Karokh is the name of new Norwegian experimental rock band featuring unique vocalist Ina Sagstuen from the anarchistic outfit Skadedyr, guitarist Christian Winther, bassist Magnus Skavhaug Nergaard and drummer Jan Martin Gismervik. All three form trio experimental-improvising Monkey Plot. (Winther and Nergaard also play together in Ich Bin N!ntendo, trumpeter Thomas Husmo Litleskare, who leads his own quartet, along with two synthesizer players.
Karokh's debut album was recorded after extensive touring since the bands inception in 2010 and after the band established its highly personal and bold sonic envelope. This album begins and ends with two moving songs. "Flowers Every Day" is built on a catchy, repetitive rhythmic attack of the guitar, bass and drums and the excited delivery of Sagstuen, who does not attempt to adapt her Anglo- American accent to her reciting of the English words. The rhythmic theme is thickened with the sounds of the trumpet and vintage synthesizers, till it climaxes in a distorted guitar solo and Sagstuen wails. "Into The Wild" is an emotional ballad, delivered beautifully by Sagstuen, flying over atmospheric soundscapes.
Other songs focus on the eccentric and eclectic sides of Karokh, suggesting uncommon structures, sounds, and rhythms. "Gossip From The Air" climaxes in a noisy electric storm while "Tsjuder" and "Song From A Coast" emphasizes the charismatic, dramatic delivery of Sagstuen through a minimalist sonic narrative and effective trumpet solos. "Once More No Bear" and the title song feature the vocals of Sagstuen as another instrument that aims to explore new sonic characteristics.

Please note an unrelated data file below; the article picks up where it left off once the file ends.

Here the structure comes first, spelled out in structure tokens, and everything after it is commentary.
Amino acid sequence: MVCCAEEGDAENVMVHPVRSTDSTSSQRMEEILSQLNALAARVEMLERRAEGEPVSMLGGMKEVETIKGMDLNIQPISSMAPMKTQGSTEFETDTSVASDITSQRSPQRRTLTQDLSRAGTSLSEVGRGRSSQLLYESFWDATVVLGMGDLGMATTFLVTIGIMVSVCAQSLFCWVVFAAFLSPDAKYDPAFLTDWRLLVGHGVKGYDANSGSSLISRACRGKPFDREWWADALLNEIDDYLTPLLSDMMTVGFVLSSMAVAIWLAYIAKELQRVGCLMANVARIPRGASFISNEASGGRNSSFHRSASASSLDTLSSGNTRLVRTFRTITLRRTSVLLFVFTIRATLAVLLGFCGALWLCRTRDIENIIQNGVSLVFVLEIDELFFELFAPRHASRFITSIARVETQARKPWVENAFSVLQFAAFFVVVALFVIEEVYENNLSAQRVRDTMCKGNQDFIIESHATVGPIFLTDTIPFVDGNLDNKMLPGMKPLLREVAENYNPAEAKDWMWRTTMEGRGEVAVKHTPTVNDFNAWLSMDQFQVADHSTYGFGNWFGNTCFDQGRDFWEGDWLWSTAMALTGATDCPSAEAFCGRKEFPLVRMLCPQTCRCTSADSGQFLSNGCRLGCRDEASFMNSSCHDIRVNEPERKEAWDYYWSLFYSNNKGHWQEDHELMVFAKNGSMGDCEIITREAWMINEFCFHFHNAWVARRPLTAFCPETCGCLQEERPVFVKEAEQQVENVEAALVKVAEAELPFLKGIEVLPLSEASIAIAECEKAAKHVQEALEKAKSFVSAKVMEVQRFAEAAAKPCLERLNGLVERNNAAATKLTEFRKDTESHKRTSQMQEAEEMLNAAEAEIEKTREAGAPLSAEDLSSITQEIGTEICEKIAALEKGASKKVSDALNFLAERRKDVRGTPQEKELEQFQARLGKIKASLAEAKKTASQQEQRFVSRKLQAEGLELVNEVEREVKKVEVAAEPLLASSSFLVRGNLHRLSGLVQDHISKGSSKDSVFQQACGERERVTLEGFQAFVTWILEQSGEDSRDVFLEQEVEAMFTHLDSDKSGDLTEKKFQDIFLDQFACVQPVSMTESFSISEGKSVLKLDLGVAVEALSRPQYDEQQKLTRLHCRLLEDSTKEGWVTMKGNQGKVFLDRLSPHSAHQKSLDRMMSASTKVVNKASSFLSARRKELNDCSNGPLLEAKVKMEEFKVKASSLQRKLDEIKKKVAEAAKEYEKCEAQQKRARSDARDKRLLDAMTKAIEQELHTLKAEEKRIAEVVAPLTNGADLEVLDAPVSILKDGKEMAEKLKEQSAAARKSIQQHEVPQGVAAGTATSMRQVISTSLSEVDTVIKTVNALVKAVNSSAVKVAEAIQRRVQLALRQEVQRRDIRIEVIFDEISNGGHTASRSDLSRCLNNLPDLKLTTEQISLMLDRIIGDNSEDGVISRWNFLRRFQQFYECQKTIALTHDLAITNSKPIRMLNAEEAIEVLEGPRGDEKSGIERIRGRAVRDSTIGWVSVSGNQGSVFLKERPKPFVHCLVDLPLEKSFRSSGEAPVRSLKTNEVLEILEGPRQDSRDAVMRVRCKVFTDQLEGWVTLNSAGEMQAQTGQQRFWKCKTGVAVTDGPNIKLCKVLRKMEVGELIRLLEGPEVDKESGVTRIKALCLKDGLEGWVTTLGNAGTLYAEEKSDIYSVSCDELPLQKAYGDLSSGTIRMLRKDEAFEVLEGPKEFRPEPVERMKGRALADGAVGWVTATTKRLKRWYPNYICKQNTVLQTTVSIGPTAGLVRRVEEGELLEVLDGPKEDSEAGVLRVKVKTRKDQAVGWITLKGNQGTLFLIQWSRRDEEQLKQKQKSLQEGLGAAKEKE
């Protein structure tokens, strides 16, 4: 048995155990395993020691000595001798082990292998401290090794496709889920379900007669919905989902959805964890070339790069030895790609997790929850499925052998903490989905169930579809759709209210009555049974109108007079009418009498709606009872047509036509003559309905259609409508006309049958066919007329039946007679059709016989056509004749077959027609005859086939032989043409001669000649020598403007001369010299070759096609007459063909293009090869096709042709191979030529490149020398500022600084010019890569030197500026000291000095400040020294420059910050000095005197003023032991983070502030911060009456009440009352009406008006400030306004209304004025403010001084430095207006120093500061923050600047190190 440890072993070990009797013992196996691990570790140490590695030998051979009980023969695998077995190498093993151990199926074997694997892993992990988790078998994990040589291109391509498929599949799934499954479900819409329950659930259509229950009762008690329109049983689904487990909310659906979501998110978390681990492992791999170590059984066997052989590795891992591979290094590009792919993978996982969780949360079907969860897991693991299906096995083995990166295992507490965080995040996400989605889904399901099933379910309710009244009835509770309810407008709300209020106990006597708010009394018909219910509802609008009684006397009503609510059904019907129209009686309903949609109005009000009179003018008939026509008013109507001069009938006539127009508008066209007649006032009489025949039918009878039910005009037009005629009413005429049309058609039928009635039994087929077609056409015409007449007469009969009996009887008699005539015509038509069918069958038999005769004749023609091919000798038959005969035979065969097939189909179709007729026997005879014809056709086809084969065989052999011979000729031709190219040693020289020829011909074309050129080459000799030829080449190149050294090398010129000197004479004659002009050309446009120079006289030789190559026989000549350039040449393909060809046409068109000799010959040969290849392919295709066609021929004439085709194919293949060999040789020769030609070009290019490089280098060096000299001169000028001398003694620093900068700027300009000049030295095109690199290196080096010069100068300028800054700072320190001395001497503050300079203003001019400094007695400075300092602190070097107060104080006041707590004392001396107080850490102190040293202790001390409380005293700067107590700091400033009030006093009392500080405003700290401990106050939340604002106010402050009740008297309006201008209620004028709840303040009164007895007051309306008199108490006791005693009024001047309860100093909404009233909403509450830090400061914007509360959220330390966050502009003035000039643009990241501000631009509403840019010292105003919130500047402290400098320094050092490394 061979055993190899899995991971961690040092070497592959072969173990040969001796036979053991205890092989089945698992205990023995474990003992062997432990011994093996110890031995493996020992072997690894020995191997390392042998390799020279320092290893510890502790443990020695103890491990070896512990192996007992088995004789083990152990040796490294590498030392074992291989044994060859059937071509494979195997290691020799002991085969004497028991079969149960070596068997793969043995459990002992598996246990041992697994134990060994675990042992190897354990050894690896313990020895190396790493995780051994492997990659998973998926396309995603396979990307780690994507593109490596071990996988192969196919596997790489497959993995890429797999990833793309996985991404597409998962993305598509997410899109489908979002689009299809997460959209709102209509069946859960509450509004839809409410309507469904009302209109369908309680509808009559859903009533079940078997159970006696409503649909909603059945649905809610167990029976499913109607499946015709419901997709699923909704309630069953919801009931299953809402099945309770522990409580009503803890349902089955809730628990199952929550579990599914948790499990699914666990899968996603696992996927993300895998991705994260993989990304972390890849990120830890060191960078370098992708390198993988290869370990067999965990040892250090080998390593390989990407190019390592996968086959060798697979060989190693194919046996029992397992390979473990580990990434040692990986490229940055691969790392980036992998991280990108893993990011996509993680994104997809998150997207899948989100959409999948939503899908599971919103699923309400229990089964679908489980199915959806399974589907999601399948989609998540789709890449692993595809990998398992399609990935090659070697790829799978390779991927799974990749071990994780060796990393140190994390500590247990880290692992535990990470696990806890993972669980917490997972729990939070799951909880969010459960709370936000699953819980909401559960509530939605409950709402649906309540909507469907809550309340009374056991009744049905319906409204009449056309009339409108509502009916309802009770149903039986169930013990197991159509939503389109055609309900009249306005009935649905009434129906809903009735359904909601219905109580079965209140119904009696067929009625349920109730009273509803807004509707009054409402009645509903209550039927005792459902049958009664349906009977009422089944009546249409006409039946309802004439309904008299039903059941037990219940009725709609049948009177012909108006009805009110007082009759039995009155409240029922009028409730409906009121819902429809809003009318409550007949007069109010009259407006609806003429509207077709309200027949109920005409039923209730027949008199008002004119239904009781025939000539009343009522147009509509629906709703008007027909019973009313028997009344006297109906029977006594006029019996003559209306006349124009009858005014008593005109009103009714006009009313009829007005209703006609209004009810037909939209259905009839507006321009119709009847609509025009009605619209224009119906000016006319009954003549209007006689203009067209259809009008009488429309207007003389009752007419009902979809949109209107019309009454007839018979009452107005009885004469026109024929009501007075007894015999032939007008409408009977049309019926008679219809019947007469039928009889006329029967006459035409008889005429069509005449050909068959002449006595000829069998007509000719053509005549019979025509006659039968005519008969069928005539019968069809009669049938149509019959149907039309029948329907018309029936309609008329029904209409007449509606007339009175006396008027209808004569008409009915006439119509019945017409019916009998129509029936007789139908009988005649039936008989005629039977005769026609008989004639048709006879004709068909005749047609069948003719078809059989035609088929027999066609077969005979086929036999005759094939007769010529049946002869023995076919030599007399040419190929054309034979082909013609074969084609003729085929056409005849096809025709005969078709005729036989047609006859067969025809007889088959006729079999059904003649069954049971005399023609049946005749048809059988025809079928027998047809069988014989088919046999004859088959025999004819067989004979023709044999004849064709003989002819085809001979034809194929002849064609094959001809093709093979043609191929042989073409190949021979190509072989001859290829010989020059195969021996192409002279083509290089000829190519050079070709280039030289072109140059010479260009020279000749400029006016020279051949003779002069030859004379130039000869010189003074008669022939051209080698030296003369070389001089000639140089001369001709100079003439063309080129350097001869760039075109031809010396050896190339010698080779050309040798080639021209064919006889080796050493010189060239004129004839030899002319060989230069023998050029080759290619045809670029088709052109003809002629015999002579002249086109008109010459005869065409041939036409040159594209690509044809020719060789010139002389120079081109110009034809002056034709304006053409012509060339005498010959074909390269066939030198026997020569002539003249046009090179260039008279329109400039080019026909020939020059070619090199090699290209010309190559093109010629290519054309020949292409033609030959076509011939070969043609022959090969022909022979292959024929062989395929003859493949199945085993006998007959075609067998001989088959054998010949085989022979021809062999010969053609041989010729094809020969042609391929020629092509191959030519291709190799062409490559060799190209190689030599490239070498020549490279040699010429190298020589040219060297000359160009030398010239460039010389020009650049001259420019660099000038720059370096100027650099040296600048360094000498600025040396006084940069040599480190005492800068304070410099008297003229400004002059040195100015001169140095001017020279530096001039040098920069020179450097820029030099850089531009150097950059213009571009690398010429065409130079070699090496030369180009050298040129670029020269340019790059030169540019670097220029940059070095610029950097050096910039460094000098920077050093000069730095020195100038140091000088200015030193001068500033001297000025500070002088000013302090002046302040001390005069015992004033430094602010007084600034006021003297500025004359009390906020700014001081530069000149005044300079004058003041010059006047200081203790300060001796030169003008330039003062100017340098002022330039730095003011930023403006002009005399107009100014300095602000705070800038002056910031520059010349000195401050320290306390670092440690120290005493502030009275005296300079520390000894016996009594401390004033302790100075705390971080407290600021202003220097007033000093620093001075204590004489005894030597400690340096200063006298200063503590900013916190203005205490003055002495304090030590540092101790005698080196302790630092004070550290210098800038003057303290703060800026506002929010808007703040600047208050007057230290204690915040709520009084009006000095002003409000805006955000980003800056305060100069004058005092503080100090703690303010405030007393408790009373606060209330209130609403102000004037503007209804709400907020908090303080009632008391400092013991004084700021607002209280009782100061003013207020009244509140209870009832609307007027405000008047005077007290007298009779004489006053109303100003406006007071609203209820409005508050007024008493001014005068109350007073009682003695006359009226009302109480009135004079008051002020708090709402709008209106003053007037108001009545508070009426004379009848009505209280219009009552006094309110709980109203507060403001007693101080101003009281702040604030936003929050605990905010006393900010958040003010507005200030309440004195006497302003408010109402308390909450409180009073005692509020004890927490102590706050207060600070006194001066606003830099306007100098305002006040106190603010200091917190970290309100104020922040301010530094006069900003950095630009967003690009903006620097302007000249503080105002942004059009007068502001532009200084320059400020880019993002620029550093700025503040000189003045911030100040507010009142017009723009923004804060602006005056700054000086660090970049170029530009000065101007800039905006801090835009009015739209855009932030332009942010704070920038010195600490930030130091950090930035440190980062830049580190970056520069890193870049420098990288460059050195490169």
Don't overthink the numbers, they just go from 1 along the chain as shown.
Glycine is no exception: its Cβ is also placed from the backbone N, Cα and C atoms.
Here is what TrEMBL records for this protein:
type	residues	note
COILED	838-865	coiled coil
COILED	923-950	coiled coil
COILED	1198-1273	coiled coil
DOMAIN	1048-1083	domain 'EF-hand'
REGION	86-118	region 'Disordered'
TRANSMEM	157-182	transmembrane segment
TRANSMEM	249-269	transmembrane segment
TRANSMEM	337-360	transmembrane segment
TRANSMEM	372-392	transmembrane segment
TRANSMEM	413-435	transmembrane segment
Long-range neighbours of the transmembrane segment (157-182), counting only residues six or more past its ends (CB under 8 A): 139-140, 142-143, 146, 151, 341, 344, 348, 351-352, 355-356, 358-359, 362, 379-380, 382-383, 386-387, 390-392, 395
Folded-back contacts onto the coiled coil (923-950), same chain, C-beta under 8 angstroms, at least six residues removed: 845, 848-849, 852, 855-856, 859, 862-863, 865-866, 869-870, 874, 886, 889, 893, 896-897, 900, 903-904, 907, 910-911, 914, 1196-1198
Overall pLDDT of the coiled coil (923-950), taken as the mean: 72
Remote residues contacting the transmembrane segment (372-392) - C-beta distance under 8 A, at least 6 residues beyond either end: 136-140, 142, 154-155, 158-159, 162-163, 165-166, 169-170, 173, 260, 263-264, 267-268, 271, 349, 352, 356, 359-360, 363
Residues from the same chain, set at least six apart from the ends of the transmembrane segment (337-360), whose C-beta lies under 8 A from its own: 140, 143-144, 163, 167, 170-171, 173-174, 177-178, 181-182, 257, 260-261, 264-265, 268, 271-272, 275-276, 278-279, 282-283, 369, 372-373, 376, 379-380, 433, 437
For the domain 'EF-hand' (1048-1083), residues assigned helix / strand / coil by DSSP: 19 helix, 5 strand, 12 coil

Highly impressive debut from a band with a remarkable vocalist.
Track Listing: Flowers Every Day; Gossip From The Air; Tsjuder; Song From A Coast;
Surf Decadence (Ooh Ooh); Once More No Bear; Karokh; Into The Wild.
Personnel: Ina Sagstuen: vocals; Thomas Husmo Litleskare: trumpet; Christian Skaar
Winther: guitar; Jonas Cambien: synthesizers; Jan K. Hovland -
synthesizers; Magnus Skavhaug Nergaard: bass; Jan Martin Gismervik:
I love jazz because it is simply a music of my heart since I was about 12 years old.
I was first exposed to jazz when I heard Sonny Boy Williamson play harmonica. My introduction to jazz went through blues music.